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Sunday, November 28, 2010

The Folly of Moving to Monmouth Park

New Jersey's Robespierre, Jon Hanson, has suggested harness racing move to Monmouth Park.  Obviously, Hanson must have consulted a Ouija board when making this decision as there is one slight problem with the proposal as currently proposed; it would never work.

Let's start with the obvious, Hanson proposes $4.6 million dollars to put lights at Monmouth plus build a receiving barn for the standardbreds and winterizing part of the grandstand.  Churchill Downs spent $4 million to put lights in at their track, leaving only $600,000 for a receiving barn and winterizing the grandstand.  With New Jersey's famous cost overruns, I imagine horsemen will be asked to bring their own space heaters with them whenever they race to warm up the paddock.  As for the customers, I imagine winterizing the grandstand will include putting in a swimming pool for members of the polar bear club to watch the races from. 

Besides the estimate obviously pulled out of the air by Hanson, there are other reasons why a standardbred meet would not work at Monmouth Park. is the so far quiet objection of the thoroughbred horsemen.  No, it is not the usual opposition to another breed which is the problem, but the realistic practicality of having to share the same oval.  Followers of the Meadowlands thoroughbred meets of the past recall the cancellation of many days in the late fall which were required due to an unsafe track surface caused by raining and freezing and thawing of the track.  Blame for these cancellations is due to the need to convert the track back and forth from a standardbred to a thoroughbred track  Do the thoroughbred horsemen want to deal with this again?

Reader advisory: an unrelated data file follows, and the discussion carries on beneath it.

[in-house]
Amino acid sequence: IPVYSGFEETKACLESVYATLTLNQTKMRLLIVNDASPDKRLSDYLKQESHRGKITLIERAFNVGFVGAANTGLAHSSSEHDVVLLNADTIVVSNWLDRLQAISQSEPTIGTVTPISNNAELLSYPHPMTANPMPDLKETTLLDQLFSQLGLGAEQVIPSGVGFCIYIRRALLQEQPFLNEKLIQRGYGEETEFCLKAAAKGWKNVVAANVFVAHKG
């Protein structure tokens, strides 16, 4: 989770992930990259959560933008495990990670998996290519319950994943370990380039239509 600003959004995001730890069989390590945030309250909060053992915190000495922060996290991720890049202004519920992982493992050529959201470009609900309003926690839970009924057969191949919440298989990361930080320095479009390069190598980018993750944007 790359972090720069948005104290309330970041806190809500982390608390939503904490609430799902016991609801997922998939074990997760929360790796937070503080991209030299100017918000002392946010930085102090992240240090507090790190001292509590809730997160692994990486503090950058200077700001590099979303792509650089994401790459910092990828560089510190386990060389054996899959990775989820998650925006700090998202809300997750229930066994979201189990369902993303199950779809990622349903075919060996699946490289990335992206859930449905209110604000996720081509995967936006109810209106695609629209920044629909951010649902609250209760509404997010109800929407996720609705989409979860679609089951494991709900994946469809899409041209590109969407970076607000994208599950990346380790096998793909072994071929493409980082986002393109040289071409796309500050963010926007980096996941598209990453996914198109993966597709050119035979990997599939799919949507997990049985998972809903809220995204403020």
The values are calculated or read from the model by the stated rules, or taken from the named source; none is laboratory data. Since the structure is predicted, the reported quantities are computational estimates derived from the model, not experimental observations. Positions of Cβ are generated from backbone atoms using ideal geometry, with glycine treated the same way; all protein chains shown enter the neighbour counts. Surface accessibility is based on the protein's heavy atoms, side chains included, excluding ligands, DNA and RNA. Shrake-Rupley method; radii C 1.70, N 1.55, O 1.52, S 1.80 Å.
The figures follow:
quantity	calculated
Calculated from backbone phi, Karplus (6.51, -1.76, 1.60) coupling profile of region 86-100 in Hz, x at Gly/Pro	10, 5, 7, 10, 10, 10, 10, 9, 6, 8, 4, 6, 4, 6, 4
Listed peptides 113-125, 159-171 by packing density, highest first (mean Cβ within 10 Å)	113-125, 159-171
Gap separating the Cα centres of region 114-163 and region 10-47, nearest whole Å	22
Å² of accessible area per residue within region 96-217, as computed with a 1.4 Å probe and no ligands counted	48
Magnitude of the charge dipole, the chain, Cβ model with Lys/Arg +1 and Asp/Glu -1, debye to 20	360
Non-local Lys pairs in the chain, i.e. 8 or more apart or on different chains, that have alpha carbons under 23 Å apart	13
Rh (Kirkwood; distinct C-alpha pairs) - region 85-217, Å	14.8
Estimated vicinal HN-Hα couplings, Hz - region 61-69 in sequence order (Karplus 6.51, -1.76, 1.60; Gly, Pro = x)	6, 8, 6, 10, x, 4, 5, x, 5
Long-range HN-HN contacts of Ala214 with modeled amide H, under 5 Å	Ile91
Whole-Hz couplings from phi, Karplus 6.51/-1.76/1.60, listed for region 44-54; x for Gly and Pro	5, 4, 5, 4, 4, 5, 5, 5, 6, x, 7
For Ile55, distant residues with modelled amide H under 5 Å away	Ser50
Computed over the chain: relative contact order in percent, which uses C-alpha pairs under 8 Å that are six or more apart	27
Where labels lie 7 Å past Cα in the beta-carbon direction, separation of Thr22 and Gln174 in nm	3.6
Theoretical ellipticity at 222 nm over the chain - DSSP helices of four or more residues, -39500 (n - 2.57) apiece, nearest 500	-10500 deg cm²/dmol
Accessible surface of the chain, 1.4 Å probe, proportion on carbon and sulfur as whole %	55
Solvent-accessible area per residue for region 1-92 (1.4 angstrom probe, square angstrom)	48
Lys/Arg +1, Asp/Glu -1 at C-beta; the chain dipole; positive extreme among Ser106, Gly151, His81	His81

If Monmouth was ever to support both breeds of racing, it would be necessary for it to become another Woodbine Racecourse.  Either a standardbred track, greater than a mile in diameter would need to be build outside of the current course, which would take up some of the standee level or an even greater effort would be required to move the turf course outside of the current main track and replace the thoroughbred turf course with a standardbred oval like Woodbine.  Either proposal would require a larger influx of  revenue to accomplish it, but then both meets could race during the warmer months eliminating the need to winterize the grandstand.  But the cost would be well over $4.6 million dollars; something the state would never agree to.

If the standardbred horsemen are to be evicted from the Meadowlands, there are two better options available.  One would be having the state pay the expenses to install lights, a receiving barn and testing facility at Gaitway Farms and let the track operate without a grandstand to keep costs down by racing as a studio facility for OTW and ADW wagering.  Once the meet was financially successful, then a small scale grandstand could be constructed there.  The other option would be to revisit the possibility of racing at Atlantic City Race Course as they don't use their main track for thoroughbreds and use the facility primarily for studio racing; but there would be a need to install lights as well as they were removed once Atlantic City Race Course virtually closed.  The only problem with using ACRC wold be the question of Philadelphia Park wanting to hold a meet or lease their facility out.

Studio racing would be a novel approach but considering the amount of money bet on track, would it be that dramatic an experiment?

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